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to henry knox - Thomas Jefferson, The Works, vol. 9 (1799-1803) 
The Works of Thomas Jefferson, Federal Edition (New York and London, G.P. Putnam’s Sons, 1904-5). Vol. 9.
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to henry knox
Washington Mar. 27, 1801.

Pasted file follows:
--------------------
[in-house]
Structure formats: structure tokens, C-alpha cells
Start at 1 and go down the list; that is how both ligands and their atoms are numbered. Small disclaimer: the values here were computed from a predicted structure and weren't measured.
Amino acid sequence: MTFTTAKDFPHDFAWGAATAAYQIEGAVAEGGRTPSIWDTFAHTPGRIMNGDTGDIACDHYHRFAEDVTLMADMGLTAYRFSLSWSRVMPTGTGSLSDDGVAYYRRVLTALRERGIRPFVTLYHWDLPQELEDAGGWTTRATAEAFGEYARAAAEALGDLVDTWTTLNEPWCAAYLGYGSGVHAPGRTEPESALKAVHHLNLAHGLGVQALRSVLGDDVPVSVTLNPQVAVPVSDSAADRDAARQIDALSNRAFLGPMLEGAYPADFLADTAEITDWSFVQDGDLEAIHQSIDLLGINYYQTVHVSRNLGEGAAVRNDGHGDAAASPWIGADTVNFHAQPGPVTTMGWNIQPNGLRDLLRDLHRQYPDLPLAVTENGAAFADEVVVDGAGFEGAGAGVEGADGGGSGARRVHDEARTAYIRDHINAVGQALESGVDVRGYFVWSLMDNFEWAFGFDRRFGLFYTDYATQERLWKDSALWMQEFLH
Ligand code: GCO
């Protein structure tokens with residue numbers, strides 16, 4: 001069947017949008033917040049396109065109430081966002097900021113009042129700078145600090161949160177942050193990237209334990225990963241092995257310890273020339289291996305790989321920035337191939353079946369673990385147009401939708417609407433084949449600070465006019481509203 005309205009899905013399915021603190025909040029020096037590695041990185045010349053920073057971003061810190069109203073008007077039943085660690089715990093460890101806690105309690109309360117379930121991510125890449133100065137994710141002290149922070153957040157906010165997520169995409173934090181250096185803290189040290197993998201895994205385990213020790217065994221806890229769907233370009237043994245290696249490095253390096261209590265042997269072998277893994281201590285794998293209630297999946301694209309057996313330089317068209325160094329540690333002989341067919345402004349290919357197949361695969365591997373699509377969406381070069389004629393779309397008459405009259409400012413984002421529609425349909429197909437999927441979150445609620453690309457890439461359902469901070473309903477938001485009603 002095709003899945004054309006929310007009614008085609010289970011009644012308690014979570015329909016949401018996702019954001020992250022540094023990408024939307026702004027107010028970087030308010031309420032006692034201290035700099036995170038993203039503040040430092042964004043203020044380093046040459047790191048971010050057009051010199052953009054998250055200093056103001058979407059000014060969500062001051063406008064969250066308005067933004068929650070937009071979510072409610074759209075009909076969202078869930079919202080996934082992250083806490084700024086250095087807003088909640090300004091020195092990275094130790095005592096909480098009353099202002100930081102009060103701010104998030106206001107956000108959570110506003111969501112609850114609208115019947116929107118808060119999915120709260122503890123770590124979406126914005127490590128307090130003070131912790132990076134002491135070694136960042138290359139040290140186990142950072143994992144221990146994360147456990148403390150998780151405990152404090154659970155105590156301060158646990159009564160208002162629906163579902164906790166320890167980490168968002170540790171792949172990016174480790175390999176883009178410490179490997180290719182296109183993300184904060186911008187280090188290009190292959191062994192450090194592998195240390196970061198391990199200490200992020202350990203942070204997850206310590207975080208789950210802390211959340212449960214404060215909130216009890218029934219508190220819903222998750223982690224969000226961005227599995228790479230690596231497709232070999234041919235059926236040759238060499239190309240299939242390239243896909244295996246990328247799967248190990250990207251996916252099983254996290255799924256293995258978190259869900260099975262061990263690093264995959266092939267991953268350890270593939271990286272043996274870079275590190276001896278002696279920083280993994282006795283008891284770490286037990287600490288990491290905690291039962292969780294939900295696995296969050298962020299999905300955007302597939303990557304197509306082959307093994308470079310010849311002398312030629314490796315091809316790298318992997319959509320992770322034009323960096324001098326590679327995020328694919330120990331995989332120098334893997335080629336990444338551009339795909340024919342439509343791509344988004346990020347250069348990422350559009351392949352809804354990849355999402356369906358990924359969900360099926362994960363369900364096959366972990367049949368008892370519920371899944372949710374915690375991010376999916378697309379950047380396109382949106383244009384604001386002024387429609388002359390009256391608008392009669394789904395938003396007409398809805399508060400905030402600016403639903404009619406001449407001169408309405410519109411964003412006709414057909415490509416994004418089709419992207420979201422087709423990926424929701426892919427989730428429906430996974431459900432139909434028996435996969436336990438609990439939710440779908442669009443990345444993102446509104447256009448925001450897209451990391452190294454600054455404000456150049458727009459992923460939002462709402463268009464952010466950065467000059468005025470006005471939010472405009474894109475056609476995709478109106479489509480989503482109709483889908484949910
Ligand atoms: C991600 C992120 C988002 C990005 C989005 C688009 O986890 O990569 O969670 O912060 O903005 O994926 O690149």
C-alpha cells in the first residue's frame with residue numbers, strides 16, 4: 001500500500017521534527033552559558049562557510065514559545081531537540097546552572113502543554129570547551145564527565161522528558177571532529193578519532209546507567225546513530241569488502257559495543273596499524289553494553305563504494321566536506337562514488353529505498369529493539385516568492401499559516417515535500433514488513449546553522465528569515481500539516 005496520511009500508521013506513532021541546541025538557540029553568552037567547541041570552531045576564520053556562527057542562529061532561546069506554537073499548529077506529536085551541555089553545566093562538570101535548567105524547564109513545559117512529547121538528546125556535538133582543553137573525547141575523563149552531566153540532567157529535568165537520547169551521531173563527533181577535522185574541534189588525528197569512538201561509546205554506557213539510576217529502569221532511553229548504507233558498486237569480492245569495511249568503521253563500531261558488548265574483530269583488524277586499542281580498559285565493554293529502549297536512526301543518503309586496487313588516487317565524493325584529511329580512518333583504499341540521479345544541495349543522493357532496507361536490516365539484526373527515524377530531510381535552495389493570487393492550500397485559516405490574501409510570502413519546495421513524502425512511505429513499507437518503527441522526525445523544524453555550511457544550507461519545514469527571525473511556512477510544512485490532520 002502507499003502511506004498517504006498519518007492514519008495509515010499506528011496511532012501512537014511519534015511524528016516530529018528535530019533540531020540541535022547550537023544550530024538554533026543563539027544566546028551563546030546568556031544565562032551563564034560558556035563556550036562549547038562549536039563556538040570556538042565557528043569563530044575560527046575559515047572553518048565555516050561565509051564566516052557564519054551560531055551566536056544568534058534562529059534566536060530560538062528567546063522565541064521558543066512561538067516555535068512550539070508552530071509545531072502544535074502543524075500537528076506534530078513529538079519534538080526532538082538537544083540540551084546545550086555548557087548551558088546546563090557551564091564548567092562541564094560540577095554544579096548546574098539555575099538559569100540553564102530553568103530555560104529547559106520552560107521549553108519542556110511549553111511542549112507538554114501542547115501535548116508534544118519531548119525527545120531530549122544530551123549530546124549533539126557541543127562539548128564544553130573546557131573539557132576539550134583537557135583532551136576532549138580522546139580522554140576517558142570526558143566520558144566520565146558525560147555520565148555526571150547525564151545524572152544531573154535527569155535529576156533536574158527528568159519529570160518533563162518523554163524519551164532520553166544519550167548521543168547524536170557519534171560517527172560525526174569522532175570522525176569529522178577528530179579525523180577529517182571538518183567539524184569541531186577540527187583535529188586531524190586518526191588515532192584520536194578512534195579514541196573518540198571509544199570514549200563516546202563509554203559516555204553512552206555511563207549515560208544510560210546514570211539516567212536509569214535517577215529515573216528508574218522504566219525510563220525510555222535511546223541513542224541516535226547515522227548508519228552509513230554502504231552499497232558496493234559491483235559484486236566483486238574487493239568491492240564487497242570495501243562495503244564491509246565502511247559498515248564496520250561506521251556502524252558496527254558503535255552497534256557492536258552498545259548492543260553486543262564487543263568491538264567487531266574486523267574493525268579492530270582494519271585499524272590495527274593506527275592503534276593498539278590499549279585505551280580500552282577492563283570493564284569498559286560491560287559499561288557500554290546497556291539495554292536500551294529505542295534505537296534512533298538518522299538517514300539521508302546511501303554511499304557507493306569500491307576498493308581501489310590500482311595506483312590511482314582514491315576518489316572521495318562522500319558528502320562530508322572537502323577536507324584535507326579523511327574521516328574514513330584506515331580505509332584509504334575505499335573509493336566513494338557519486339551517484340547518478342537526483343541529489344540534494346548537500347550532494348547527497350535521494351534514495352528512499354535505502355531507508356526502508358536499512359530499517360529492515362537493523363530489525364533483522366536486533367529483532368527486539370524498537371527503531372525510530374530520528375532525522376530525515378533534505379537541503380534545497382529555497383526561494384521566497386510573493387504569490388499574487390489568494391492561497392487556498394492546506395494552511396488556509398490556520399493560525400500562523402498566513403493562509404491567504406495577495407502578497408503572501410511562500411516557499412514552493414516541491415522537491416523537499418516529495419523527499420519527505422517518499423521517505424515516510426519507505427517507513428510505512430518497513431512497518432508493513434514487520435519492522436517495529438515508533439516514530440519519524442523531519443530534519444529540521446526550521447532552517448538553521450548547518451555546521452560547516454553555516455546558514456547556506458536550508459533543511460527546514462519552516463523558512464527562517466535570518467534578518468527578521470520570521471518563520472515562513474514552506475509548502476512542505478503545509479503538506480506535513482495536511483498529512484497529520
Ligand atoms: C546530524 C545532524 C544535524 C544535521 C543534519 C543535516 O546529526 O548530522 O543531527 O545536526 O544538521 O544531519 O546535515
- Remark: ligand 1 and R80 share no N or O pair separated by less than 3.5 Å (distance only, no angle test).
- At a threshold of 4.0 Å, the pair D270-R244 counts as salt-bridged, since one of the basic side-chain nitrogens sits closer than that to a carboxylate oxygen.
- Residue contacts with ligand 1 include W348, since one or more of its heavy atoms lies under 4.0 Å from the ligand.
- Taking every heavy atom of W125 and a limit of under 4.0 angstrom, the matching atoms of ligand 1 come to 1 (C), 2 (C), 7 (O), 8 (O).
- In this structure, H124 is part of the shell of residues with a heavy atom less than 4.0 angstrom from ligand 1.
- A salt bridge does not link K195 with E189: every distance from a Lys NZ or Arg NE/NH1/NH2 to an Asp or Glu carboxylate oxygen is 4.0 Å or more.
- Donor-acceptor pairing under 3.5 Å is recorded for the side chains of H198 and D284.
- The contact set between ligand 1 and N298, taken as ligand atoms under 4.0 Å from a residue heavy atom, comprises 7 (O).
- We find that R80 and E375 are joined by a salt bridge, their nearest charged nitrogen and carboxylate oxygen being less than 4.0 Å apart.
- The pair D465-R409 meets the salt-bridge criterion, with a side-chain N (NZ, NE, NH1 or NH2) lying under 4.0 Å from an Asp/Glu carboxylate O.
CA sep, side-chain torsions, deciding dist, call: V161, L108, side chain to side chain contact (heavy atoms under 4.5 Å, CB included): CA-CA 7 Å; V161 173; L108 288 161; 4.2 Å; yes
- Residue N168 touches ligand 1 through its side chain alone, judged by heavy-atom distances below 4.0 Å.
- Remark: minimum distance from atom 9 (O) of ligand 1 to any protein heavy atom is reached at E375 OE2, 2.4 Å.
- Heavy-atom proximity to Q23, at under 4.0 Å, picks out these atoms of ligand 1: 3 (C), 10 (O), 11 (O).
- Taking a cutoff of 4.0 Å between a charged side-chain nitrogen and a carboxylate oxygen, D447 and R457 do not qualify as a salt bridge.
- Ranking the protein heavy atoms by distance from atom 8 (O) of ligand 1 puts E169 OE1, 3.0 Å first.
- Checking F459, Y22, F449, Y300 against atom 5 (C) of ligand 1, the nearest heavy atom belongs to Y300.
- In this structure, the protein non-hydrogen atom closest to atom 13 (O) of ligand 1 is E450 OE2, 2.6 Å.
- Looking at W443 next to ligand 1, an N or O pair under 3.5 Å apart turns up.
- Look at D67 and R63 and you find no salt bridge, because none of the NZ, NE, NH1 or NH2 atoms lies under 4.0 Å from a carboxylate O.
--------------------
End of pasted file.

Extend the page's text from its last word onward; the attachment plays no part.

—I received with great pleasure your favor of the 16. & it is with the greatest satisfaction I learn from all quarters that my inaugural address is considered as holding out a ground for conciliation & union. I am the more pleased with this, because the opinion therein stated as to the real ground of difference among us (to wit, the measures rendered most expedient by French enormities) is that which I have long entertained. I was always satisfied that the great body of those called Federalists were real republicans as well as Federalists. I know indeed that there are monarchists among us. One character of these is in theory only, & perfectly acquiescent in our form of government as it is, and not entertaining a thought of disturbing it merely on their theoretic opinions. A second class, at the head of which is our quondam colleague, are ardent for the introduction of monarchy, eager for armies, making more noise for a great naval establishment than better patriots who wish it on a national scale only, commensurate to our wants and to our means. This last class ought to be tolerated but not trusted. Believing that (excepting the ardent monarchists) all our citizens agreed in antient Whig principles, I thought it advisable to define & declare them, and let them see the ground on which we could rally: and the fact proving to be so that they agree in these principles I shall pursue them with more encouragement. I am aware that the necessity of a few removals for legal oppressions, delinquencies & other official malversations, may be misconstrued as done for political opinions, & produce hesitation in the coalition so much to be desired; but the extent of these will be too limited to make permanent impressions. In the class of removals however I do not rank the new appointments which Mr. A crowded in with whip & spur from the 12th of Dec. when the event of the election was known, (and consequently that he was making appointments, not for himself but his successor) until 9. o’clock of the night at 12. o’clock of which he was to go out of office. This outrage on decency should not have its effect, except in the life appointments which are irremovable. But as to the others I consider the nominations as nullities and will not view the persons appionted as even candidates for their office, much less as possessing it by any title meriting respect. I mention these things that the grounds and extent of the removals may be understood, & may not disturb the tendency to union. Indeed that union is already affected from N. York southwardly almost completely. In the N. England states it will be slower than elsewhere from peculiar circumstances better known to yourself than me. But we will go on attending with the utmost solicitude to their interests, & doing them impartial justice, and I have no doubt they will in time do justice to us. I have opened myself frankly because I wish to be understood by those who mean well, and are disposed to be just towards me, as you are. I know you will use it for good purposes only and for none unfriendly to me. I leave this place in a few days to make a short excursion home where some domestic arrangements are necessary previous to my final removal here, which will be about the latter end of April. Be so good as to present my respects to Mrs. Knox, & accept yourself assurances of my high consideration & esteem.